45-733 PROBABILITY AND STATISTICS I

The Poisson Distribution

**
æ [(l**^{x})e^{-l}]/x!
ç
f(x) = ç x=0,1,2,3,4,...
ç
è 0 otherwise

**Mean = E(X) = l; and
Variance = VAR(X) = l**

where **Lambda**,
**l**, is the
*average number of occurrences of the
phenomenon in 1 unit of time, space, or volume*.

The classic example of the Poisson distribution is the distribution of deaths
in the Prussian Calvary due to horse-kicks to the head. The table below
shows deaths from horse-kicks 10 Army Corps over a 20 year period for a
total of 200 "Corps-Years".
**
Number Reports
With This
Deaths Many Deaths Proportion
---------------------------------
0 109 .545
1 65 .325
2 22 .110
3 3 .015
4 1 .005
---------------------------------
200 1.000
**

It is reasonable to assume that deaths from horse-kicks should occur
randomly over time. Consequently, the number per Corps-Year should
have a Poisson distribution. To test this, we can treat the above
data as a random sample and compute the sample mean. Using the sample
mean to estimate **l**, we can
compute the Poisson probabilities from this l
and compare them to the actual
frequencies in the above table and see how closely they match.

**_**

**X**_{n} = [å_{i=1,n} X_{i}]/n =
(total deaths)/(200 Corps-Years) =

(0*109 + 1*65 + 2*22 + 3*3 + 4*1)/200 = 122/200 = .61

Using **l = .61** produces the following
probabilities:
**
Number Reports
With This
Deaths Many Deaths Proportion l=.61
----------------------------------------
0 109 .545 .543
1 65 .325 .331
2 22 .110 .101
3 3 .015 .021
4 1 .005 .003
----------------------------------------
200 1.000 .999
**

Note that only .001 of the Poisson probability is above **X=4**.

The Poisson Distribution and its
Relationship to the Exponential Distribution

The Poisson Distribution can also be interpreted in the following form:
**
æ [(lt)**^{x}e^{-lt}]/x!
ç
f(x) = ç x=0,1,2,3,4,...
ç
è 0 otherwise

**Mean = E(X) = lt; and
Variance = VAR(X) = lt**^{2}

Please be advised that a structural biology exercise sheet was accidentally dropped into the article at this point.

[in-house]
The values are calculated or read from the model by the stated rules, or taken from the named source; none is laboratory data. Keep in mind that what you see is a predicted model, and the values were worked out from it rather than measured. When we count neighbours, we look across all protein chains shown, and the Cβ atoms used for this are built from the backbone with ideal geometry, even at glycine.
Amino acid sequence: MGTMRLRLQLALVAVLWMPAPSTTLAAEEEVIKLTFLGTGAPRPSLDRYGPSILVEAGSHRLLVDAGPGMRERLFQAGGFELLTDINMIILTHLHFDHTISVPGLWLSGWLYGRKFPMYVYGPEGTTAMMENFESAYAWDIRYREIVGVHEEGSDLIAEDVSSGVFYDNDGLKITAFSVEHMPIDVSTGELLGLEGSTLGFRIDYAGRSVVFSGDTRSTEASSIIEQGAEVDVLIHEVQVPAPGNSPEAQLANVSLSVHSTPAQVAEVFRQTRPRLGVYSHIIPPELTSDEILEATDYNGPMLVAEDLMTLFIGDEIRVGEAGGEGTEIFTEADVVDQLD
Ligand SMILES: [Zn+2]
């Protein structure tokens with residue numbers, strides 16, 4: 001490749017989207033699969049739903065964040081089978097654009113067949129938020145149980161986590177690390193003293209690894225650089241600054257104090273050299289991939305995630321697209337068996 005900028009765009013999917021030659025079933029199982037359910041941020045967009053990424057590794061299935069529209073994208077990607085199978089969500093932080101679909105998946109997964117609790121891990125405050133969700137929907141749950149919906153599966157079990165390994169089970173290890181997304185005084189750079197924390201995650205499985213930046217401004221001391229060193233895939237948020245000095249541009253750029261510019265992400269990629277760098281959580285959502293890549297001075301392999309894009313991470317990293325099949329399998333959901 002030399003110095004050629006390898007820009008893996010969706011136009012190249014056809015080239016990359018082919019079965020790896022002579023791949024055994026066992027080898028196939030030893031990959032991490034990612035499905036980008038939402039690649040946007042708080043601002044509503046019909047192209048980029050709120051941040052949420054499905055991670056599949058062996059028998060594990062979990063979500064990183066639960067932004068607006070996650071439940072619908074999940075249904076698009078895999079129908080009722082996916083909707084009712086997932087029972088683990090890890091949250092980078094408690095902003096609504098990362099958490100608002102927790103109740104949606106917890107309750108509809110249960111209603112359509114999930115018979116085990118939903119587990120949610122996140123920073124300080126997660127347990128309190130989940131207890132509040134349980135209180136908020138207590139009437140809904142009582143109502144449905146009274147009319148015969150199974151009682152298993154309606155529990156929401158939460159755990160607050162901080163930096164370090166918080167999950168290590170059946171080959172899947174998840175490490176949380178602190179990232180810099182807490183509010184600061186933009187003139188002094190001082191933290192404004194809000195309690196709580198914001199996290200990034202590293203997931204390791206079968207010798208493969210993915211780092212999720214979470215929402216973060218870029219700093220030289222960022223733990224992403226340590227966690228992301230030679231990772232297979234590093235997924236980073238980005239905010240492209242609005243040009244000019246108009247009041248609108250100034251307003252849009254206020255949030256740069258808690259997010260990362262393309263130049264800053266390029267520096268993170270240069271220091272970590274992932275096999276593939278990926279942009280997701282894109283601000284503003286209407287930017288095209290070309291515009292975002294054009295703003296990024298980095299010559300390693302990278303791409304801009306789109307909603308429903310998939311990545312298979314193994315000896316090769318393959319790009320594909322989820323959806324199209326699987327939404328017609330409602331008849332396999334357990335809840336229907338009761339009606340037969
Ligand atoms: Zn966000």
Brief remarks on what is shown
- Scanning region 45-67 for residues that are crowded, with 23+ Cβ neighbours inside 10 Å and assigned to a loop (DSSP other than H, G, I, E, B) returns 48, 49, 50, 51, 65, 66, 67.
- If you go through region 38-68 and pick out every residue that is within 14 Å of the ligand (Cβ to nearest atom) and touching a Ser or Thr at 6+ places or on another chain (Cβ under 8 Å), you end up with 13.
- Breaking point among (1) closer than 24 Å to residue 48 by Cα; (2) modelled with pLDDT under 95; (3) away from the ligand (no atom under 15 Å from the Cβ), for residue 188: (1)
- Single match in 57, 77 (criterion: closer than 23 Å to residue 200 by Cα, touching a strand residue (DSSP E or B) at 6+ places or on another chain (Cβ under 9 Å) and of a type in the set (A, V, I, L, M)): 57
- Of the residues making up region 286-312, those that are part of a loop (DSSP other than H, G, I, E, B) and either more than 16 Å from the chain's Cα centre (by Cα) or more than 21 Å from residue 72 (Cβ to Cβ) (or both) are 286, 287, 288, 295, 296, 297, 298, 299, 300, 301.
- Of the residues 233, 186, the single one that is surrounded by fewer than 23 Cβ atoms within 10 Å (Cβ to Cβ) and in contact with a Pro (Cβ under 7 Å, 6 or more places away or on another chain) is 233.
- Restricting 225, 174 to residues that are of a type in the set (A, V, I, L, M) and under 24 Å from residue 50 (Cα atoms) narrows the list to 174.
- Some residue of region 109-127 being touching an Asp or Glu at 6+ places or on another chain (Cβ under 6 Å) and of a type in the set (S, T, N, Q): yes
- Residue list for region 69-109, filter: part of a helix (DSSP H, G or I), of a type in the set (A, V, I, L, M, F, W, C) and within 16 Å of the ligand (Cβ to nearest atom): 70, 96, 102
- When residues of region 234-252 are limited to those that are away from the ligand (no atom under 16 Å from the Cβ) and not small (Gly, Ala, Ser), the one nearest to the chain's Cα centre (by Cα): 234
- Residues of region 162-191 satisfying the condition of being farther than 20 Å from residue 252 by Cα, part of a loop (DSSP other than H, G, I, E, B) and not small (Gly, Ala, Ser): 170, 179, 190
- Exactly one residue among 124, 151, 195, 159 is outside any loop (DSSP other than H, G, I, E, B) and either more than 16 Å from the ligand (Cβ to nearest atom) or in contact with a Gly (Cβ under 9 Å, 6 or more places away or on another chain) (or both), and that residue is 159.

where **l** is, as above, the average
number of occurrences in one unit of time, and **t** is the length of
the time period.

Let **T** denote the amount of time until the first occurrence. If
**T > t** then there must have been no occurrences in the first t units
of time. The probability of this event is:

**P(T > t) = P(X = 0)= e**^{-lt}

and by the rule of the complement:

**P(T £ t) =
1 - e**^{-lt}

The distribution function for **T** is therefore:

**
æ 0 t < 0
F(t) = ç
è 1 - e**^{-lt} t ³ 0

Since this is a continuous function, we can take the derivative and obtain
the distribution:
**
æ le**^{-lt} t ³ 0
f(t) = ç
è 0 otherwise

Where
**Mean = E(T) = 1/l; and
Variance = VAR(T) = 1/l**^{2}

This is the Exponential Distribution. It is the
distribution of the time until the first occurrence of an event or the
distribution of the amount of time *between* events where the
occurrences of the phenomenon are governed by a Poisson process.

For example, suppose the arrival of cars at a Turnpike entrance is
governed as a Poisson process with a mean of 3 per minute. Suppose the
ticket taker has to leave the booth for 1 minute. What is the probability
that no cars arrive during the ticket taker's absence?

**P(T > 1) = 1 - F(1) = e**^{-3*1} = .04979

As shown by this simple example the Exponential and Poisson distributions
have many useful applications to what are known as *
Waiting Time Problems*. For example, the arrival of ships
at a port (both number and the time in between the arrivals); the arrival
of freight trains at a classification yard; etc. The examples are legion.